When entering the confirmation code at the bottom of the page enter it lowercase without any spaces between numbers and letters.
If you are unable to comment, please log out of your member account and it should resolve the issue.
Rev 20: 1-15
Rev 19: 1-21
Rev 17: 1-18, 18: 1-24
Rev 15: 1-18, 16: 1-21
Take care, brethren, that there not be in any one of you an evil, unbelieving heart that falls away from the living God. 13 But encourage one another day after day, as long as it is still called “Today,” so that none of you will be hardened by the deceitfulness of sin. 14 For we have become partakers of Christ, if we hold fast the beginning of our assurance firm until the end, 15 while it is said,
“ Today if you hear His voice,
DO not harden your hearts, as when they provoked ME.” (Hebrews 3:12-15 NASB)
What is the value of a day? I guess it would depend on the day, but anyone who has found themselves on the wrong side of time and chance, as I’m sure we all have, almost certainly knows what it’s like to wish for just one more day. Maybe it’s one more day to right a wrong that destroyed a trust, or one more day with someone whose absence can be felt to the core of our very being. Or maybe it’s not the day that we lament, but rather the moment that we wish we could take back. A word spoken in haste that hurt more than we anticipated, a moment of selfishness that tarnished a reputation, a moment of weakness that destroyed the trust of a parent or spouse; these are the moments that speak to us because in some ways our regrets define our sense of self.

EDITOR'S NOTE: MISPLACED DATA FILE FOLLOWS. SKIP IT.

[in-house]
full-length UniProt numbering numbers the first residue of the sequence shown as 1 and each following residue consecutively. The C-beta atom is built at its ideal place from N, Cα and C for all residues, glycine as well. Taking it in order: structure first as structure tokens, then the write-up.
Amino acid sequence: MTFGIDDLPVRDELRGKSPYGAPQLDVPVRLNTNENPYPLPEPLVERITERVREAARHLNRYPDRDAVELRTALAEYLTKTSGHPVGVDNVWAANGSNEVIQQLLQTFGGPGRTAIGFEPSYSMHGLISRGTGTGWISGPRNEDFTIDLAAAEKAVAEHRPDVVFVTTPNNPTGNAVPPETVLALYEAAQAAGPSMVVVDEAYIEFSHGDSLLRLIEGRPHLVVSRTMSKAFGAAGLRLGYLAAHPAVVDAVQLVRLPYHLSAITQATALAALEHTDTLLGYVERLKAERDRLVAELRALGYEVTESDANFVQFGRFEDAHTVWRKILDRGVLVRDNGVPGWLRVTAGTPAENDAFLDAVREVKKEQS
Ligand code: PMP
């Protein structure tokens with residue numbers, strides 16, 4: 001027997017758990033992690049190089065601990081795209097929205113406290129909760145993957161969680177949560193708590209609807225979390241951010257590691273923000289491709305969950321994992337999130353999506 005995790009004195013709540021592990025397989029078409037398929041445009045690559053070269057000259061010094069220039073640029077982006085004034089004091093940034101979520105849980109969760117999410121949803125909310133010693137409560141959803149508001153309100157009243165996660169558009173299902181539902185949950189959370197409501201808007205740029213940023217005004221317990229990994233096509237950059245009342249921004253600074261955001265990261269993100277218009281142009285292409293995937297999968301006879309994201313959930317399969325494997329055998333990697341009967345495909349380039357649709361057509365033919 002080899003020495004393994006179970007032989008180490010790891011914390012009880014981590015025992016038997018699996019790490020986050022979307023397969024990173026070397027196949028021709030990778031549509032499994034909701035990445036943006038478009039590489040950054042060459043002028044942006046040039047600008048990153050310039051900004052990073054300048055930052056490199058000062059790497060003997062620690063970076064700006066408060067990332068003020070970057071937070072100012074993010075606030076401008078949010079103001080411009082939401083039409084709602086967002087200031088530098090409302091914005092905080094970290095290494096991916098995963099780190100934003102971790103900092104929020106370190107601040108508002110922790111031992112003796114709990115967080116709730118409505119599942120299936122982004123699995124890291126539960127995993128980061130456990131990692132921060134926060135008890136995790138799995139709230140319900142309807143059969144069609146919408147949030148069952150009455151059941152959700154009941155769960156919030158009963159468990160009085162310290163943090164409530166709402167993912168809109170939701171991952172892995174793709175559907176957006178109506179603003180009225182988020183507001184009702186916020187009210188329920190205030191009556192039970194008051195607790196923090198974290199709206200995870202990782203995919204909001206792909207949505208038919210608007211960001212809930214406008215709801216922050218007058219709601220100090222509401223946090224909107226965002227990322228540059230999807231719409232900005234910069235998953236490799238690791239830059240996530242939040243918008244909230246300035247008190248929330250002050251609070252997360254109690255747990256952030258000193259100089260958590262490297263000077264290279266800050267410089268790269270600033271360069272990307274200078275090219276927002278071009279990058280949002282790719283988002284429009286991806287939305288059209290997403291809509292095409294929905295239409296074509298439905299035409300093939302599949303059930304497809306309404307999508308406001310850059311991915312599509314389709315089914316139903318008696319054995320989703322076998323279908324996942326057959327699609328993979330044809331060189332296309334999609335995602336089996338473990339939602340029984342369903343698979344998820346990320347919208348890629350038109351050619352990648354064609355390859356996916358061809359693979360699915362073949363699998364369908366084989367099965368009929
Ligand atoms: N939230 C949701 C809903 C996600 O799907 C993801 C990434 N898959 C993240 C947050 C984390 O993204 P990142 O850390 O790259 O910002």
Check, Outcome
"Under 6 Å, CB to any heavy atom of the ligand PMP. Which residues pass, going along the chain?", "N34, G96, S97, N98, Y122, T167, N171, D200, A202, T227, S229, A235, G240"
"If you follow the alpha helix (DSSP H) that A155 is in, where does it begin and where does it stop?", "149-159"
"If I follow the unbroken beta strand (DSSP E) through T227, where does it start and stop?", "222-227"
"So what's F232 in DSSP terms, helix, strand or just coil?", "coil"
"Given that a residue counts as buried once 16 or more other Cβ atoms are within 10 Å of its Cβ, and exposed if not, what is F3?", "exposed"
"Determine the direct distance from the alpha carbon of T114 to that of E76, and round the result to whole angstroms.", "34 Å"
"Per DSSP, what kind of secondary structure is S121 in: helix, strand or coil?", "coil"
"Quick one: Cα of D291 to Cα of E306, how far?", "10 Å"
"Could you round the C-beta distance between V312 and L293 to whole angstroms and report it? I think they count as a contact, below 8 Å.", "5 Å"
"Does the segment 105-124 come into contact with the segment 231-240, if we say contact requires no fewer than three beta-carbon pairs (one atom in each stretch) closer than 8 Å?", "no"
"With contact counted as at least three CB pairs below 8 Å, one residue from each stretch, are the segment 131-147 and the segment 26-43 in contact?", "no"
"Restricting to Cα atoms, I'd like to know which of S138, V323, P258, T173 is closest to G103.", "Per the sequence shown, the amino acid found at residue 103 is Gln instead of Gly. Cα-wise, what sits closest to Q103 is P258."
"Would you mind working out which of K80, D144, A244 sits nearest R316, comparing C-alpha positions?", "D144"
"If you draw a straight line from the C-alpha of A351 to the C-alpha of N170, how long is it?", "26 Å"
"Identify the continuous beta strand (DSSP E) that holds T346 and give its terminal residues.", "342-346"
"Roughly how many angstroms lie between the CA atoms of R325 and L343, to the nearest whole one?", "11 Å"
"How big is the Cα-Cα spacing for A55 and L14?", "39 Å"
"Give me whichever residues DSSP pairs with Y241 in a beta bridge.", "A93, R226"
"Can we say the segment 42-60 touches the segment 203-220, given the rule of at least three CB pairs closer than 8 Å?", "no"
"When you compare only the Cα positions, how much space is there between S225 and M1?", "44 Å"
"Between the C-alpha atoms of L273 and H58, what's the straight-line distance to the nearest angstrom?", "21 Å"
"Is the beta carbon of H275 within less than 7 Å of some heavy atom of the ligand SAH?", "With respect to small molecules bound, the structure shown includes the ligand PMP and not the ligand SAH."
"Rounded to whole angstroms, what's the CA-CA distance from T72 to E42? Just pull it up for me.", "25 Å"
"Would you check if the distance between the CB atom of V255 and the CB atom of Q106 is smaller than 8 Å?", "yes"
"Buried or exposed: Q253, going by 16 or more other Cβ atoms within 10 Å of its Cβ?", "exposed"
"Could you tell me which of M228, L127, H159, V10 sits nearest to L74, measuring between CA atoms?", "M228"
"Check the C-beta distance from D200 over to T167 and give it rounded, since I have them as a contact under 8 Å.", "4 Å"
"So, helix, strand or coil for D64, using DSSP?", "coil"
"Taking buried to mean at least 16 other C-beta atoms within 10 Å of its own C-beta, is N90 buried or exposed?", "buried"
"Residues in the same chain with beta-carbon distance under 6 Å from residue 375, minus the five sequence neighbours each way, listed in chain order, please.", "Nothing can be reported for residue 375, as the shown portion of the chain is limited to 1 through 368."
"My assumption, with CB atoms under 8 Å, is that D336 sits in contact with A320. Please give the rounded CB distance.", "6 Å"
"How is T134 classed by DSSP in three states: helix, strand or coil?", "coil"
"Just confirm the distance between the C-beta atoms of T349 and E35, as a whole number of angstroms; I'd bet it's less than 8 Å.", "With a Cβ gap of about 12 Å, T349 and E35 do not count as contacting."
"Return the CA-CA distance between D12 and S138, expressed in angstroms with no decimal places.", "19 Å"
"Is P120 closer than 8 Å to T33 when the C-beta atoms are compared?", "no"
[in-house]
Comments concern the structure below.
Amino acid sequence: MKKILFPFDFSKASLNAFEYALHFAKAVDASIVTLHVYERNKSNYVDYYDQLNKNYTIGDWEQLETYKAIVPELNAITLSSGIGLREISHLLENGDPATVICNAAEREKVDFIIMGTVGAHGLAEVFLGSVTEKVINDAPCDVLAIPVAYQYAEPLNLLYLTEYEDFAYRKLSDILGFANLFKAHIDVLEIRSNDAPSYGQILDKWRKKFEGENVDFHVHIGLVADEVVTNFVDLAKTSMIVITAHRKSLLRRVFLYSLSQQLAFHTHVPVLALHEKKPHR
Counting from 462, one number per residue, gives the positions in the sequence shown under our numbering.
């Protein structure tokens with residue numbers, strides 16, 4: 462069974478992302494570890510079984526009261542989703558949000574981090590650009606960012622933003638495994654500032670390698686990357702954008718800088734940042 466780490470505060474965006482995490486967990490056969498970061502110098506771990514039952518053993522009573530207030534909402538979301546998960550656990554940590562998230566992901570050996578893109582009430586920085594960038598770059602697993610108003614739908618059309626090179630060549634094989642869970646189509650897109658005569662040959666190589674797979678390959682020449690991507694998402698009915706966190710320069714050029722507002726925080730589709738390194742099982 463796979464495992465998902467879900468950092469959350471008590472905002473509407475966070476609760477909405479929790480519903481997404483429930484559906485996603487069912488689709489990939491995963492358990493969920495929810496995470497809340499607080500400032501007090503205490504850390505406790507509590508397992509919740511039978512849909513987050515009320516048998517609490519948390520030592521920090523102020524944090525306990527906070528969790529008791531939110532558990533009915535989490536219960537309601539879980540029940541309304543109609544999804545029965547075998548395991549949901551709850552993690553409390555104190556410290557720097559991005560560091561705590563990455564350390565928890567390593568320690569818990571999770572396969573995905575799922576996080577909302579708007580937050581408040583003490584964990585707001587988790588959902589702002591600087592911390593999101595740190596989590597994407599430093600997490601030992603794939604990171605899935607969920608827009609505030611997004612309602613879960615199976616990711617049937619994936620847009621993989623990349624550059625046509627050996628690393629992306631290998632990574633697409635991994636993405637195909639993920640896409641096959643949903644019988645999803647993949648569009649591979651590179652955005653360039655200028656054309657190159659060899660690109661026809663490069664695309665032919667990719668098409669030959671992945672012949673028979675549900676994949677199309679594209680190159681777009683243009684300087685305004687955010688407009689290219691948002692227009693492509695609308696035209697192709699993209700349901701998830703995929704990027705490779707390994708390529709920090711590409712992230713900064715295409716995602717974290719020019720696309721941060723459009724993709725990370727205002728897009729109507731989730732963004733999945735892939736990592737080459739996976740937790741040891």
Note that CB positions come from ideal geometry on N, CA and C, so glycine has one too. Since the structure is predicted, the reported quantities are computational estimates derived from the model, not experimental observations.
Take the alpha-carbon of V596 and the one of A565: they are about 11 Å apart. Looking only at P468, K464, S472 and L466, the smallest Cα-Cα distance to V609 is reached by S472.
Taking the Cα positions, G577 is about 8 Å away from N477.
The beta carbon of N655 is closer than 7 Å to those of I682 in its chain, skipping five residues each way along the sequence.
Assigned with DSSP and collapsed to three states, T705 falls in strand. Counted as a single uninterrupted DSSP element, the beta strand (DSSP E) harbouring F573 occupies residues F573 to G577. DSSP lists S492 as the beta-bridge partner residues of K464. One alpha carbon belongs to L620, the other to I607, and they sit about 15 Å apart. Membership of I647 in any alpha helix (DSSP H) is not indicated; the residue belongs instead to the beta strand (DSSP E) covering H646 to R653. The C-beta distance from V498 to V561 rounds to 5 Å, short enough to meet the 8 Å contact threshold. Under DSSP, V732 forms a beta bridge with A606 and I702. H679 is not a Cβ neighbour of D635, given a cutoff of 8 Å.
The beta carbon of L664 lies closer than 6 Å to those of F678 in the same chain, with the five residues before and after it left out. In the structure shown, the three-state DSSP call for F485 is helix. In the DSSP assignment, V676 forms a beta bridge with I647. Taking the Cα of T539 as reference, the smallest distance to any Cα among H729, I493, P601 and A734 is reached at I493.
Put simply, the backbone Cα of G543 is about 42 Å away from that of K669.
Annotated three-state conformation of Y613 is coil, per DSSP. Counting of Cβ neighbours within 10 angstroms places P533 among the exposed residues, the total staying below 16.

That’s why an idiom like “strike while the iron is hot” is seared into the collective consciousness. I know no blacksmiths myself, but there isn’t a single person who is old enough to be accountable for their actions that does not understand the sentiment. We see the image in our heads. The red-hot billet, pulled fresh from the flame laid upon the anvil, and the hammer that crashes upon it drawing it out and shaping it to the will of the smithy. His work is quick and must be, or else back to the kiln it must go until the moment it is again hot.
For all the things in life that pretend at true urgency and bellow with tyrannical need, very few actually are of any real significance. Yet it is this seemingly unending stream of urgent needs that Satan uses to hide those things that are truly worthy and even needful of our attention.